Defence: Anti-terror measures to cost £2bn

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Indy Politics

Spending on intelligence and counter-terrorism will soon exceed £2bn after Gordon Brown announced an extra £84m for the security services.

The cash will go to MI5, MI6, the police and GCHQ to fund their rapid expansion in response to fears that as many as 1,600 people with links to al-Qaeda could be laying low in Britain. The Treasury said: "While the UK has faced terrorist threats in the past, the global reach, capability and sophistication of international terrorist groups places the current threat on a scale not previously encountered."

The Chancellor also announced that the Ministry of Defence was being allocated an extra £600m to pay for operations in Iraq and Afghanistan. The money is coming from the Treasury's emergency reserves.

A report by the Parliamentary Intelligence and Security Committee into last year's 7 July bombings in London concluded that greater resources could have prevented the attacks.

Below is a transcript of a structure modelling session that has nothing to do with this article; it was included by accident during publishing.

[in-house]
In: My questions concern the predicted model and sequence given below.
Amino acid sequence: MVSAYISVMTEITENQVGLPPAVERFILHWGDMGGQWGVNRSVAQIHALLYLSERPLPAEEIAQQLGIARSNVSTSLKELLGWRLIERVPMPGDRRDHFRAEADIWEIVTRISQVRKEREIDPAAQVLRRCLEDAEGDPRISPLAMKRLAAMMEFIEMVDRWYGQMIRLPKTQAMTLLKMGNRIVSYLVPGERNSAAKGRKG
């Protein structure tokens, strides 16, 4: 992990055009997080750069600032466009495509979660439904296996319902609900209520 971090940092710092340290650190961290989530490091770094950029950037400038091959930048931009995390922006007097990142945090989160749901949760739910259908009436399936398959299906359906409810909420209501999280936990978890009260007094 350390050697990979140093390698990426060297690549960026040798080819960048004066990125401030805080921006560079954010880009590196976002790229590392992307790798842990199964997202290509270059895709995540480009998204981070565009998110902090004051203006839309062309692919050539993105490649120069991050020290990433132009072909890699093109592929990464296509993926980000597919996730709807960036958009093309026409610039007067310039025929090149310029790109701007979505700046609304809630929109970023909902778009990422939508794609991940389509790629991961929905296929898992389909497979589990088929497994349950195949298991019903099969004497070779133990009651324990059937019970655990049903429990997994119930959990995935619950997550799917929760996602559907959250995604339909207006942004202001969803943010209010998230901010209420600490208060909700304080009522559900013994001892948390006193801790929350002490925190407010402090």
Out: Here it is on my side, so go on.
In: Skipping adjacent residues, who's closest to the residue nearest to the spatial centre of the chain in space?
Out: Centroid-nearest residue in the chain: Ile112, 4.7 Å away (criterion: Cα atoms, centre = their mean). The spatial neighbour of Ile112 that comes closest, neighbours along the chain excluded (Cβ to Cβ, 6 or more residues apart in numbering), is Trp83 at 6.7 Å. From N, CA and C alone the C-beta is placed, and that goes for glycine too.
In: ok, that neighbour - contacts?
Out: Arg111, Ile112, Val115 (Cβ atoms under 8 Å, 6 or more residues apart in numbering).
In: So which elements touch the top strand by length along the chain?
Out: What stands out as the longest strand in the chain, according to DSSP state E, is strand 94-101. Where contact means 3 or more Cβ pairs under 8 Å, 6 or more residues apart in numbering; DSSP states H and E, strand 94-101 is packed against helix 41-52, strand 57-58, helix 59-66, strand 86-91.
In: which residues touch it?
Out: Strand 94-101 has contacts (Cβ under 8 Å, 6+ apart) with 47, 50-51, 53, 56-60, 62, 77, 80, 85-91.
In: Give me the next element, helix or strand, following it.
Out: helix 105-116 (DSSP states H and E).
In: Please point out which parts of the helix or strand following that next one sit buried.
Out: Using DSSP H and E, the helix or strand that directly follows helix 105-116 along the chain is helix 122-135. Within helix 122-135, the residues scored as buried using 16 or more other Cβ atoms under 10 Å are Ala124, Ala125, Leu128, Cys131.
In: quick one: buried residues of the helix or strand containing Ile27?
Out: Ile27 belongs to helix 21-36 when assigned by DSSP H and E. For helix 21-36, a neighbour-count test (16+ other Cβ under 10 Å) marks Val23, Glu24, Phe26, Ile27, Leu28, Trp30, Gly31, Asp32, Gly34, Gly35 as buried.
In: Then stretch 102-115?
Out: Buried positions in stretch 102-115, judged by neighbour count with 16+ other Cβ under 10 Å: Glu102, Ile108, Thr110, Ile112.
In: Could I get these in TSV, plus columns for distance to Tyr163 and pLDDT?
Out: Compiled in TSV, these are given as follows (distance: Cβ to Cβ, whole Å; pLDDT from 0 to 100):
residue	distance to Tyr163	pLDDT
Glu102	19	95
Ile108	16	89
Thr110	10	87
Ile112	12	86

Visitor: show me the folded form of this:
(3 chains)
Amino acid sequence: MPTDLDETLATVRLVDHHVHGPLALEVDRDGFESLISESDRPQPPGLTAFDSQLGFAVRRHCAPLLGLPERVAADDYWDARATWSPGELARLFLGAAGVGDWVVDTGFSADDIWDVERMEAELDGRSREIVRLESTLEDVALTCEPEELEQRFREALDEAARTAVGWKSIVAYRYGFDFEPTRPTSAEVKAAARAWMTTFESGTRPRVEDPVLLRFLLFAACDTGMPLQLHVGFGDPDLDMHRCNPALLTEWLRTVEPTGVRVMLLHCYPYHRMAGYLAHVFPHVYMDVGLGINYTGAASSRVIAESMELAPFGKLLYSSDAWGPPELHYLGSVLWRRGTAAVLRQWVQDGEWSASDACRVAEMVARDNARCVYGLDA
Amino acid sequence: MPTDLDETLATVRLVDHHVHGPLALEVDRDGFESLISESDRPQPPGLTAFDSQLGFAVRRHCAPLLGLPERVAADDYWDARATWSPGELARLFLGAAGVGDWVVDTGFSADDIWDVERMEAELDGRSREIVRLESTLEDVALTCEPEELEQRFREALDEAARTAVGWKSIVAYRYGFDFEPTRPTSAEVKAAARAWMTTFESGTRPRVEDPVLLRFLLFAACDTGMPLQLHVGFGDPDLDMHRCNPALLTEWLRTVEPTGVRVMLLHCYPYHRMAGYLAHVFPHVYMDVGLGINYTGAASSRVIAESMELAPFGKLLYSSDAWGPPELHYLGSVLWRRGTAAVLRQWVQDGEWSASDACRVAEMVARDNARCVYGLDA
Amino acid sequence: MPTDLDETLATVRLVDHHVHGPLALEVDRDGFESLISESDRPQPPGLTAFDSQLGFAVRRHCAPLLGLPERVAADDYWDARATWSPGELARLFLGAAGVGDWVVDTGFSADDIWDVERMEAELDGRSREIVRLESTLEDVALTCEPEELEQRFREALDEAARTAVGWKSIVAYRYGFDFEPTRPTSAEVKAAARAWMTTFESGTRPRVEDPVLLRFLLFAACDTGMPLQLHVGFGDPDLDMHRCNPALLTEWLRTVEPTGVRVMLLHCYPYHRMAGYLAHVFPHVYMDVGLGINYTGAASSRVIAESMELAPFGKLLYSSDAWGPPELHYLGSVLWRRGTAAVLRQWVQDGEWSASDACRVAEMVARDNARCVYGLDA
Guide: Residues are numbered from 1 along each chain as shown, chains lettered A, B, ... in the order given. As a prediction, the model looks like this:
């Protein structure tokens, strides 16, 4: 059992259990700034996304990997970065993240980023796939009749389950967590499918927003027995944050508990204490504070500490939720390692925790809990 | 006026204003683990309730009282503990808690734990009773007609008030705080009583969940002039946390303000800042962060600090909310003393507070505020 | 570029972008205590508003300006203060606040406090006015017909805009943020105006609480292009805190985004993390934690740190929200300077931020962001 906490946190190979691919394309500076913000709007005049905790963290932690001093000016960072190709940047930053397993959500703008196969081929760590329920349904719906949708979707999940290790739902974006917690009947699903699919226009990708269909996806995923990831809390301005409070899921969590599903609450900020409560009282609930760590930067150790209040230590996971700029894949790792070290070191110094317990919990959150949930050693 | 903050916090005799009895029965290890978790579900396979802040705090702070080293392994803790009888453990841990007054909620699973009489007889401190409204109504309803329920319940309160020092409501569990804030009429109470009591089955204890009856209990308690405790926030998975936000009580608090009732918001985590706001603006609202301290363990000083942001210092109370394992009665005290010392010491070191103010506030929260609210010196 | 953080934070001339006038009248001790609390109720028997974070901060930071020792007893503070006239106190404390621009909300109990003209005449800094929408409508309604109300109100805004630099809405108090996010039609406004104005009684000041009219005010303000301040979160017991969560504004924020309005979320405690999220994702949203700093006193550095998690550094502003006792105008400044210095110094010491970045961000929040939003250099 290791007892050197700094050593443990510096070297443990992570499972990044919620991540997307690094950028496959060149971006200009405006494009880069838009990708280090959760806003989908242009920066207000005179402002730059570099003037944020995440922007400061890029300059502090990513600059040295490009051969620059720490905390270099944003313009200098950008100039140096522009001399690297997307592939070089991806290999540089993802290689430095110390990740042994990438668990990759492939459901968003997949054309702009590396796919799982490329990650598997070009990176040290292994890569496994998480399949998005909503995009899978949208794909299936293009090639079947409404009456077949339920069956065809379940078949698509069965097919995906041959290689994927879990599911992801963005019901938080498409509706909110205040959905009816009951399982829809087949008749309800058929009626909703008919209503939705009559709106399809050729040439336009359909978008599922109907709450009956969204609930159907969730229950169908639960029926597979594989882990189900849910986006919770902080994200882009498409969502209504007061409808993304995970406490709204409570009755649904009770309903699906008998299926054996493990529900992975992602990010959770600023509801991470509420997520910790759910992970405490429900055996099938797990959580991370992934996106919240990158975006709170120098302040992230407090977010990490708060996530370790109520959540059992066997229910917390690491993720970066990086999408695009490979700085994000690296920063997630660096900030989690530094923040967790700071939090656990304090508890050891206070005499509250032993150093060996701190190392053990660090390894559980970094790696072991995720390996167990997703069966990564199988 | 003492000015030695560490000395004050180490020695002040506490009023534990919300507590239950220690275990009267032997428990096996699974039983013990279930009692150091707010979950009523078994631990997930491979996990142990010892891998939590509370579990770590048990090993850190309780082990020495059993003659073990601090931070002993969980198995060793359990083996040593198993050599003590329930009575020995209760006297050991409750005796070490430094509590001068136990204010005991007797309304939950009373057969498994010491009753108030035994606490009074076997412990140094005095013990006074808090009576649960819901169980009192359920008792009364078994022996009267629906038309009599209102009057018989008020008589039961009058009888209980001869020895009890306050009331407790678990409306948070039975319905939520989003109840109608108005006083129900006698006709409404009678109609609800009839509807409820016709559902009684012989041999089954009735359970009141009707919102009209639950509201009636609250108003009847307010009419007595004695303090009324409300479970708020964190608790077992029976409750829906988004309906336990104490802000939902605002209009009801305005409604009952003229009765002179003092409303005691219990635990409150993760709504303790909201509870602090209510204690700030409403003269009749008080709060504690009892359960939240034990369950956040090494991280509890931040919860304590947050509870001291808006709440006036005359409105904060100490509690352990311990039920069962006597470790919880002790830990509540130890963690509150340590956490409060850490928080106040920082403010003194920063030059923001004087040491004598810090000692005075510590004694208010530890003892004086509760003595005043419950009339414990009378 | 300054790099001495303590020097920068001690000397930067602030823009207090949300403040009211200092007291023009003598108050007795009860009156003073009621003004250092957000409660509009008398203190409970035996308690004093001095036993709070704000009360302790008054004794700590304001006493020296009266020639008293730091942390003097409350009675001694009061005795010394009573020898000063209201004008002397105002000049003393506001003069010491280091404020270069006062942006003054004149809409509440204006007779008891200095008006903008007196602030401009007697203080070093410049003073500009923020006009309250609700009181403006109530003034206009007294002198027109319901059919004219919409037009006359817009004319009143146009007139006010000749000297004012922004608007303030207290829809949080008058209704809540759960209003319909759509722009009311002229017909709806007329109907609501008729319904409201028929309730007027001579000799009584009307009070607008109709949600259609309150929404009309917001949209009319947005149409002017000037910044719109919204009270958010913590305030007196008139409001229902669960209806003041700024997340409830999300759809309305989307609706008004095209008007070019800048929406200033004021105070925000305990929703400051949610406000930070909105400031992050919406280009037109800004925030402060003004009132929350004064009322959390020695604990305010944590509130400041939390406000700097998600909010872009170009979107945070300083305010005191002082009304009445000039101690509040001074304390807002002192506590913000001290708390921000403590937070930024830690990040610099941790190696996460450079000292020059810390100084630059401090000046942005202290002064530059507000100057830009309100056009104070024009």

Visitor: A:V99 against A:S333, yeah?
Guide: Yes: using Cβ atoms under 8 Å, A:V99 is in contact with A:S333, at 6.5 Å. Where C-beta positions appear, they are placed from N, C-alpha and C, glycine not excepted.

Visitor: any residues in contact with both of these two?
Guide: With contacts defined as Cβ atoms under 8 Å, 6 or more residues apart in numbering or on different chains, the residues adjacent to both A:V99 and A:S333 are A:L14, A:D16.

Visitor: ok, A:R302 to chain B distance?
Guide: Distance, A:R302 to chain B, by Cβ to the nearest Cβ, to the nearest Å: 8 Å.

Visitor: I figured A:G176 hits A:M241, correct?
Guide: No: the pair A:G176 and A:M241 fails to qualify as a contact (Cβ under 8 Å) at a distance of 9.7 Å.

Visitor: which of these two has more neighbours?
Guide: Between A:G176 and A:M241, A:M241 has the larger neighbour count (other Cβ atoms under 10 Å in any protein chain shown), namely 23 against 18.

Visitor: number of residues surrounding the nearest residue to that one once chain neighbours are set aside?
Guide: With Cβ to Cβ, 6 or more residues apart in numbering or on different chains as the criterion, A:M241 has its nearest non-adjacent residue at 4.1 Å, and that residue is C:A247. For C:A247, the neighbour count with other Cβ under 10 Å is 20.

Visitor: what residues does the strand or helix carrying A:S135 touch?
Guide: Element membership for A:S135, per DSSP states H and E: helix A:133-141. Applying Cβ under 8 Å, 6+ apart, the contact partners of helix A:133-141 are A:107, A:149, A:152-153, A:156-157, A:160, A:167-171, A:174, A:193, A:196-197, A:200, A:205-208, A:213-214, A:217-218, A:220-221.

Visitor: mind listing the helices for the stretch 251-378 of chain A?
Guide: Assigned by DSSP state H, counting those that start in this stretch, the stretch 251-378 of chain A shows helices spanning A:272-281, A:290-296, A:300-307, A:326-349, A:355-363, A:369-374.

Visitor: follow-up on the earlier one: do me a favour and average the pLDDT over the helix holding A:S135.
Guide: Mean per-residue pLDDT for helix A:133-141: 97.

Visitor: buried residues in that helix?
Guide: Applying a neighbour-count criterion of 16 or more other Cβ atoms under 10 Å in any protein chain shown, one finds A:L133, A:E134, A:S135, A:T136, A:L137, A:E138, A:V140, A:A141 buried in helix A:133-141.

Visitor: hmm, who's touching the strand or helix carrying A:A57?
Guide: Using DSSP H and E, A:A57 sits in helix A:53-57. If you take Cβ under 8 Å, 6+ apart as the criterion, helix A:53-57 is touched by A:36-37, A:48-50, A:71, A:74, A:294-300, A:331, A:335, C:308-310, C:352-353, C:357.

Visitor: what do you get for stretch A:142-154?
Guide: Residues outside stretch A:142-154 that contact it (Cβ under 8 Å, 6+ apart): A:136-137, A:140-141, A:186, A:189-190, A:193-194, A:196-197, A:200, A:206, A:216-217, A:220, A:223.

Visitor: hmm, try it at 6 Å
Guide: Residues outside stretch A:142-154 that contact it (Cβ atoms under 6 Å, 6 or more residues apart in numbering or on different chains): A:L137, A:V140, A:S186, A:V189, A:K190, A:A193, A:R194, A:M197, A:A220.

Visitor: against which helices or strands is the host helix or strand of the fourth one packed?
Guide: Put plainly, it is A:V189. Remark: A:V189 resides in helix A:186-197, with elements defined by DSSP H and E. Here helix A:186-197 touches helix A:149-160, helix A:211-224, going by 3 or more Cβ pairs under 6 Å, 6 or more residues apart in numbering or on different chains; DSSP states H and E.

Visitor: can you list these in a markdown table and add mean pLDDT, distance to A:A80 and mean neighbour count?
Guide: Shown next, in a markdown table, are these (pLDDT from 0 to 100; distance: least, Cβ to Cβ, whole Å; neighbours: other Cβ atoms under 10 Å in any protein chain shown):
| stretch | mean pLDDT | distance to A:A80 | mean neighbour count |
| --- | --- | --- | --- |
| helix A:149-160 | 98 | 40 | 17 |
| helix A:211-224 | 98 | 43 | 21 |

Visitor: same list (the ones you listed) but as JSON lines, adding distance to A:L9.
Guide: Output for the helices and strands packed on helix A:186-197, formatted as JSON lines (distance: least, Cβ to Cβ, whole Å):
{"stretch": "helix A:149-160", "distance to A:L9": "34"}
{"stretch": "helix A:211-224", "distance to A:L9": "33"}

The security agencies, whose attention was focused on Eastern Europe during the Cold War and Irish terrorism until the late 1990s, are transforming to respond to the activities of Islamic extremists.

MI5 is to double its staffing from before the 11 September 2001 attacks, to 3,000 by 2008. MI6 employs about 2,000 staff, while Scotland Yard's new Counter-Terrorism Command employs 1,500.

Before 11 September 2001, the UK's security budget was £950m a year, rising sharply to £1.5bn in 2004-05. It is set to reach £2.1bn by 2007-08.

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